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Important...Please read if you're a journalist...

Discussion in 'Journalism topics only' started by jason_whitlock, Aug 28, 2006.

  1. DyePack

    DyePack New Member

    My ultragood suggestion would be for people in the field to know the law.
  2. Clever username

    Clever username Active Member

    Dyepack, just because something is the law doesn't mean it's right. Right and wrong, moral and immoral and legal and illegal don't always go hand in hand.

    Consider what the Chron guys did as a form of civil disobedience. They disobeyed the law to serve the greater good of a hell of a lot of people. If you don't want to support them, that is certainly your right, but there's a reason the First Amendment was first.
  3. DyePack

    DyePack New Member

    If you think the First Amendment was created so people could leak sealed grand jury testimony, then you need to go back to Civics class.
  4. Frank_Ridgeway

    Frank_Ridgeway Well-Known Member

    The what wire?
  5. did they truly serve a greater good?

    i'm going to support them because i would do the same thing... but i'm not sure they served some greater good...
  6. Clever username

    Clever username Active Member

    I'm not saying it's a good thing that grand jury testimony was leaked. That's a bit disconcerting for anyone who faces one and hopes to have due process and a fair trial, but the Chron guys didn't leak it. Someone else, someone within the government, leaked it or allowed it to be leaked. The Chron guys came across this information and reported it. It's not like they broke into wherever the records are kept and pilfered it. They face jail not for reporting what was said in the testimony, but for not giving up the source. That's a huge difference.

    They were doing their jobs, reporting something that benefits society at the risk of getting into trouble themselves. Someone else fucked up, either intentionally or unintentionally, and didn't do theirs.
  7. 21

    21 Well-Known Member

    I don't know if being there is the answer for the vast journalism community...writing about it from wherever you are seems like the most powerful way to show support.

    If someone really wanted to make a statement, they'd run a blank front page with only the words IN CONTEMPT.
  8. Clever username

    Clever username Active Member


    That's a good point. Perhaps they haven't. But maybe one day it will help actually clean up sports. I'm way too cynical to think it actually will help, but it would certainly be nice if it did.

    It certainly didn't serve the greater good by keeping Barry Bonds in the headlines so much. I truly wish he would just limp away. But that's a different topic.
  9. I think writing about it is a very good idea, but I do have to ask if there's going to be a "wear a color" thing please don't pick orange. I cover Alabama football and if I wear orange around Tuscaloosa there could be an "accident" involving a large number of guns.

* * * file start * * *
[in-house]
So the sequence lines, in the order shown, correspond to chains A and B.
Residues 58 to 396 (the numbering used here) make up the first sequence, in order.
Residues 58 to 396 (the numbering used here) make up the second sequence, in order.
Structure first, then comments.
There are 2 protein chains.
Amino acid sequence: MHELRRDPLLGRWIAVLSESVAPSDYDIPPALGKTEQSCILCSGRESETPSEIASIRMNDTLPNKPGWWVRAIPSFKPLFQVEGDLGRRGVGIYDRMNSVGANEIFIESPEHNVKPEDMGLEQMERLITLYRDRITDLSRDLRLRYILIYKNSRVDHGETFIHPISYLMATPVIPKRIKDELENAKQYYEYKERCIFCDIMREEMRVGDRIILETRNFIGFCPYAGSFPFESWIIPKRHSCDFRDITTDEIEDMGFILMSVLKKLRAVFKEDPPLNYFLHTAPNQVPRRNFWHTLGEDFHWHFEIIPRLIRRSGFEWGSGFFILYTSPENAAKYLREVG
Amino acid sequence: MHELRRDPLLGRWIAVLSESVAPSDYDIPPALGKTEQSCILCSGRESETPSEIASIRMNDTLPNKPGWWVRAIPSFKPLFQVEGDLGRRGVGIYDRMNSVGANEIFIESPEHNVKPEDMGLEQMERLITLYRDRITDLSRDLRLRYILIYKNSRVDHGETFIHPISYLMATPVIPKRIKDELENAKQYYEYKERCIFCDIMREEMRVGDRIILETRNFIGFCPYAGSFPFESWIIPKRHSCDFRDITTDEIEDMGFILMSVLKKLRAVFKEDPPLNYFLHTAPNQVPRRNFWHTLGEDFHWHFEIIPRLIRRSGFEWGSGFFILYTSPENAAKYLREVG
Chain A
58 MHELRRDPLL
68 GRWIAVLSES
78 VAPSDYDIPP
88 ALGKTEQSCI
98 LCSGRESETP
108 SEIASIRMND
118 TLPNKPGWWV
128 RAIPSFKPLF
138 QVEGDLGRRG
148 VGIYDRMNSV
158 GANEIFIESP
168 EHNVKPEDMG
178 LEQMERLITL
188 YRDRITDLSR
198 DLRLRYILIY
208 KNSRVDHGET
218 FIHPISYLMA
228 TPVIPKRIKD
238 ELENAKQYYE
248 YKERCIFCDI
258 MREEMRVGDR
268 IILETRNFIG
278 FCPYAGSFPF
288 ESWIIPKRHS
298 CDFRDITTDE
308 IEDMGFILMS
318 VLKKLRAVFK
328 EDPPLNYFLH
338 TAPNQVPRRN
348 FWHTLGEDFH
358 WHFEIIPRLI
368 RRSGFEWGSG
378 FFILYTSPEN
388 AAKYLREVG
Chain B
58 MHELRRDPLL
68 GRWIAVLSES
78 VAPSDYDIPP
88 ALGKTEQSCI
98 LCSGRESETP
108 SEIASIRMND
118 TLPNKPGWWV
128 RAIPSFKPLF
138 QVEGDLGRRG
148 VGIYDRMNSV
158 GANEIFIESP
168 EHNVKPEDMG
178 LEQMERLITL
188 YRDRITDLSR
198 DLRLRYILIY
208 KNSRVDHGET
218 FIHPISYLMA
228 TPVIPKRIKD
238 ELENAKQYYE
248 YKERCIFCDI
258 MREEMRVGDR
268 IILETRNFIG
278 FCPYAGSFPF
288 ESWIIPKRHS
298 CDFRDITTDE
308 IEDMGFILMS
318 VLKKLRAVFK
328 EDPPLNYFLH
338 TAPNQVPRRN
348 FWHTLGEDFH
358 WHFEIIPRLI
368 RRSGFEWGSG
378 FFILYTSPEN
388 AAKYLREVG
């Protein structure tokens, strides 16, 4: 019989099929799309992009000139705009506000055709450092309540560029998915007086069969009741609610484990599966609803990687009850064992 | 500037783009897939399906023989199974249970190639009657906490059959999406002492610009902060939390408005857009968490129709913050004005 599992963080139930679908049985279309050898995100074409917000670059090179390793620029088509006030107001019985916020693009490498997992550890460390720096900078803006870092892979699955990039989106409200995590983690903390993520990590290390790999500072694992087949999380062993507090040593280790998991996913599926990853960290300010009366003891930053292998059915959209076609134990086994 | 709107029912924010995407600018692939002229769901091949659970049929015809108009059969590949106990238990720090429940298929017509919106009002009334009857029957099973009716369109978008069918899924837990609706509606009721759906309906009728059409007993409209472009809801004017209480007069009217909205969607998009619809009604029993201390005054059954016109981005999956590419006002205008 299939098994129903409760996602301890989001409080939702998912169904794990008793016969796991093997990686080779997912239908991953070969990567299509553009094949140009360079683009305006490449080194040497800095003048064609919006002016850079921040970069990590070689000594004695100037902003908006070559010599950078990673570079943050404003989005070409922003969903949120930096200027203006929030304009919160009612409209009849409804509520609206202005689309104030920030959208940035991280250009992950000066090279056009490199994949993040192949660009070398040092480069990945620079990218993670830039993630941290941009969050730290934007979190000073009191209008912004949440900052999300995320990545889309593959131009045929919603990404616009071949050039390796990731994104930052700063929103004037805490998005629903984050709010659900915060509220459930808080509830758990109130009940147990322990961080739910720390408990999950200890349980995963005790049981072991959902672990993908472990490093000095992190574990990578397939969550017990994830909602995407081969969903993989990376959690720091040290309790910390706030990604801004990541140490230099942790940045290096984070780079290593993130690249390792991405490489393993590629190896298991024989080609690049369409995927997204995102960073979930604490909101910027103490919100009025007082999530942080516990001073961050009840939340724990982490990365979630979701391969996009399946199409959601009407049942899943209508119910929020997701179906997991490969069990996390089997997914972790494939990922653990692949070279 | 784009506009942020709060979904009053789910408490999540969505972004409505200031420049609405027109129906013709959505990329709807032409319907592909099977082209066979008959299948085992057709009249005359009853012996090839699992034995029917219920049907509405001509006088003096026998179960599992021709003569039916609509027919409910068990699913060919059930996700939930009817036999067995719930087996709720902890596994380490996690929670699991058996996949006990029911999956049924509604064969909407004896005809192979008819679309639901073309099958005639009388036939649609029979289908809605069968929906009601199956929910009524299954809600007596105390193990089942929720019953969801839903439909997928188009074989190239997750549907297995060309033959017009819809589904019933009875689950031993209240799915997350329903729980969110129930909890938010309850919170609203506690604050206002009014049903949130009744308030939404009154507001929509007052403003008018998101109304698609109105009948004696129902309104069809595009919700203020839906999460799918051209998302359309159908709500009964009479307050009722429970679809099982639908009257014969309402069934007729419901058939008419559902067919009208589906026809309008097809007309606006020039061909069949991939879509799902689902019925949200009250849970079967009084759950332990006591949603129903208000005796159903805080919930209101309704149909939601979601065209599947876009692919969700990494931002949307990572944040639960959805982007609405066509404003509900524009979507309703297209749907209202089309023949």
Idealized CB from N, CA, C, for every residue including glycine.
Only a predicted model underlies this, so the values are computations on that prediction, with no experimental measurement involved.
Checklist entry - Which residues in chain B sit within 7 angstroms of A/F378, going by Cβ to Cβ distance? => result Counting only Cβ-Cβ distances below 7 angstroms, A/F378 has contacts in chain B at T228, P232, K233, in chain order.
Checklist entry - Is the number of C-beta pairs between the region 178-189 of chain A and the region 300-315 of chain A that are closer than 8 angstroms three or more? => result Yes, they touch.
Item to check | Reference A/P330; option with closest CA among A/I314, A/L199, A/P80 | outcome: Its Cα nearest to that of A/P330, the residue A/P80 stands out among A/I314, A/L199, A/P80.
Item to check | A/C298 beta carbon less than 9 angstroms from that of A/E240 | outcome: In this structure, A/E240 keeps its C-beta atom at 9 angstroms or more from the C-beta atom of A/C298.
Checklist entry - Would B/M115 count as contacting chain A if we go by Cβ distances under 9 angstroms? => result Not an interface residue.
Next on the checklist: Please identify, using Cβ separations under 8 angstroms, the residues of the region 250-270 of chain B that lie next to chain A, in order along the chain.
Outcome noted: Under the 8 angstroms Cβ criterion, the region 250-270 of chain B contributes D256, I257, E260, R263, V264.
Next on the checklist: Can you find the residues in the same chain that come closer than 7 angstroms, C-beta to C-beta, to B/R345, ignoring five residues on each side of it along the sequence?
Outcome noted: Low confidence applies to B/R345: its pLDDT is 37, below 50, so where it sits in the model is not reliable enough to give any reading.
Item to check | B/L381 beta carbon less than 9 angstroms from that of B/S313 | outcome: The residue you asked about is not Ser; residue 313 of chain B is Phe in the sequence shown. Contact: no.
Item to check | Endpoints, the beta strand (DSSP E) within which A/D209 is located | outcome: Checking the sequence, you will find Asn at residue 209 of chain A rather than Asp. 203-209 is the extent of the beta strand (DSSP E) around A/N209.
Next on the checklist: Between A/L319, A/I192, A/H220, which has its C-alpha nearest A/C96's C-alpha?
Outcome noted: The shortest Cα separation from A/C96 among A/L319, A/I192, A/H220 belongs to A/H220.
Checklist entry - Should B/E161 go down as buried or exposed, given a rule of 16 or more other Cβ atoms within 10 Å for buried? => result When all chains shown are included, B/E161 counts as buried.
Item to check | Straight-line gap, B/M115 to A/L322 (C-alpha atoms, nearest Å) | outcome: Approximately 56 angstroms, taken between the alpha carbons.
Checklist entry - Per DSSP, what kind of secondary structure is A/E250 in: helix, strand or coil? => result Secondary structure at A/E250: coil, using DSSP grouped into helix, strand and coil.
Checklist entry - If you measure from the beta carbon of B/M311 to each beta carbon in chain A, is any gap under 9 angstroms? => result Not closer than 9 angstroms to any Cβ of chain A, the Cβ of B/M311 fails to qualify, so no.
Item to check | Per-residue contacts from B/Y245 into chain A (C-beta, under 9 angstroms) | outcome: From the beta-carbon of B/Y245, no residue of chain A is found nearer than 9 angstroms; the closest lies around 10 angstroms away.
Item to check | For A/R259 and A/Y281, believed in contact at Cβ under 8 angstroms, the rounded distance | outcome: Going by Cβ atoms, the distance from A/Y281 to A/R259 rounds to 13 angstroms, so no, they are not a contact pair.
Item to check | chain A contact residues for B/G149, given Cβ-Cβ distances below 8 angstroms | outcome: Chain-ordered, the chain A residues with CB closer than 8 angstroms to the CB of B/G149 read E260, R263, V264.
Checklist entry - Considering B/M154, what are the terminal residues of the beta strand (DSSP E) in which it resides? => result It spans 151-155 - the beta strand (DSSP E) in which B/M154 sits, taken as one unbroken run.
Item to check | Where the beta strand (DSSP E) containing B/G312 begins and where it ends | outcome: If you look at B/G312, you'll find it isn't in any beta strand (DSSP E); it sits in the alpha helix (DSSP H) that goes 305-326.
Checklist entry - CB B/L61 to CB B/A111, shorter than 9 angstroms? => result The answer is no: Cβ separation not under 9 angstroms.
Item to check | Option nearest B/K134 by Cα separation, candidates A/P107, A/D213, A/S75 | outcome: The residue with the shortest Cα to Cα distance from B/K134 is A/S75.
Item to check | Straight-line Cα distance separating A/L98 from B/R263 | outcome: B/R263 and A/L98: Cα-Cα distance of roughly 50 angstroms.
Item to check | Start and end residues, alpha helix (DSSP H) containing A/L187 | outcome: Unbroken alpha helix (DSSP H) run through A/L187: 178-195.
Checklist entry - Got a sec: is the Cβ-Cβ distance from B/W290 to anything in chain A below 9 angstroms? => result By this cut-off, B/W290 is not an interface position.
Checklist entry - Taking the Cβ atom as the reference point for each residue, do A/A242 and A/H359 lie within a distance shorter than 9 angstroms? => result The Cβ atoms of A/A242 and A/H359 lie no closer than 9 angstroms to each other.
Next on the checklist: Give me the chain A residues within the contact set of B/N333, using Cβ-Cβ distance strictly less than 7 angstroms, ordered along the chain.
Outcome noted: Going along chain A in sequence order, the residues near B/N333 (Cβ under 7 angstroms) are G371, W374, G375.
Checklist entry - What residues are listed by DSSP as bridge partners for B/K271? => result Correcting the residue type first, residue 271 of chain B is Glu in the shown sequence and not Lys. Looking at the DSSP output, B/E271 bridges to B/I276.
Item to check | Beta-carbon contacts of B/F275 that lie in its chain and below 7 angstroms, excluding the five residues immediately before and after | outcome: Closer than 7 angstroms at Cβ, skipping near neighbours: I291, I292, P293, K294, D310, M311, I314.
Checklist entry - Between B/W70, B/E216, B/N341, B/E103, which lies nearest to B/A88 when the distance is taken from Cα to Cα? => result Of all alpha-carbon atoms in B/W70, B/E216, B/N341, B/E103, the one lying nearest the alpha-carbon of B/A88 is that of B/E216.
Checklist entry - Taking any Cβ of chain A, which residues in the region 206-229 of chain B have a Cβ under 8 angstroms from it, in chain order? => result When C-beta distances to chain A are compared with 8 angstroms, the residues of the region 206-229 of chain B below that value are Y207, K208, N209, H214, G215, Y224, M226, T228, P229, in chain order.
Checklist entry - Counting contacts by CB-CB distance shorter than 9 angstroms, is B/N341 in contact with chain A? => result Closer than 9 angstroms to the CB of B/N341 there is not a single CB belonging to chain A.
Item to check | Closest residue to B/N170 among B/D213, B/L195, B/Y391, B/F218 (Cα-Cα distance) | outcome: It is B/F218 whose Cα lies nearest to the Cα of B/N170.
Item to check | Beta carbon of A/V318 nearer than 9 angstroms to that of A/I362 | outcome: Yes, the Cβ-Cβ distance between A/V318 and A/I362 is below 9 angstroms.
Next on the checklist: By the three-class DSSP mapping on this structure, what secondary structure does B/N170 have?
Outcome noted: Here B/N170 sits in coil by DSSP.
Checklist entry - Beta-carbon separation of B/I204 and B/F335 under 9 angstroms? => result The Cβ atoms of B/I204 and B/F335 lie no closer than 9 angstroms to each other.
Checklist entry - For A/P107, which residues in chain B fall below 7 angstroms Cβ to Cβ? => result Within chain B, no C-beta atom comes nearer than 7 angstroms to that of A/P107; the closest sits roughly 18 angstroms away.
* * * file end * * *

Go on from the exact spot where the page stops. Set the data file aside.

10. jgmacg

    jgmacg Guest

    All due respect to Mr. Whitlock and Mr. Telander here, and setting aside for the moment a simple show of collegial support, I'm not sure what we'd be protesting if such were to occur.

    If we're given material illegally obtained (like leaked grand jury testimony), and use it in a story, we're liable to be hauled into court and asked to reveal our source. If we choose not to comply, we face jail time for contempt. Thereafter, either we relent, or the judge does.

    I've always understood this to be the case and have used leaked documentation in several stories, fully aware in each case of the risk I faced. In each instance I've been briefed by the legal department as to my options. I'm sure the fellas from the Chronicle were as well.

    I'm curious as to why this particular case has raised such a hue and cry on the board. Is it simply because this is a sports story? Where was all this journalistic solidarity when Judy Miller got locked up? Because, whether you liked her reporting or not, she went to jail for the same thing.

    As a member of PEN America, I spend a lot of my free time trying to get writers and poets and journalists out of prisons in places like Iran and Turkey and Uzbekistan. Most of them have been jailed as enemies of the state or purveyors of dangerous ideas (like freedom of the press) or for no reason at all - in some cases for decades. I hardly think that this case rises to that level of systematized repression.

    Just because it's sports journalism doesn't mean that it's not still journalism, with all the risks and responsibilities that the practice entails. We have no special exemption. And I'd hate to think that the political consciousness of some of our best and our brightest can only be brought into focus if someone in the story carries a bat or a ball.
  11. Tom Petty

    Tom Petty Guest

    if you truly feel that way, then, go back to the PEN boards and continue posting like a sonuvabitch.
  12. 21

    21 Well-Known Member

    It's not illegal to possess the material. In this case, it was not obtained illegally, ie, the reporters are not being charged with doing anything illegal to obtain it.

    No one is making the distinction between this as a sports story versus any other news story, or asking for special exemption. Quite the opposite, in fact. And to compare this situation to that of the reporters being held captive around the world seems somewhat condescending to the Chronicle reporters who are facing jail time IN THEIR OWN COUNTRY, where we DO espouse freedom of the press.

    Perhaps I missed your meaning, but jail is jail, regardless of the location or the quality of the lockup.
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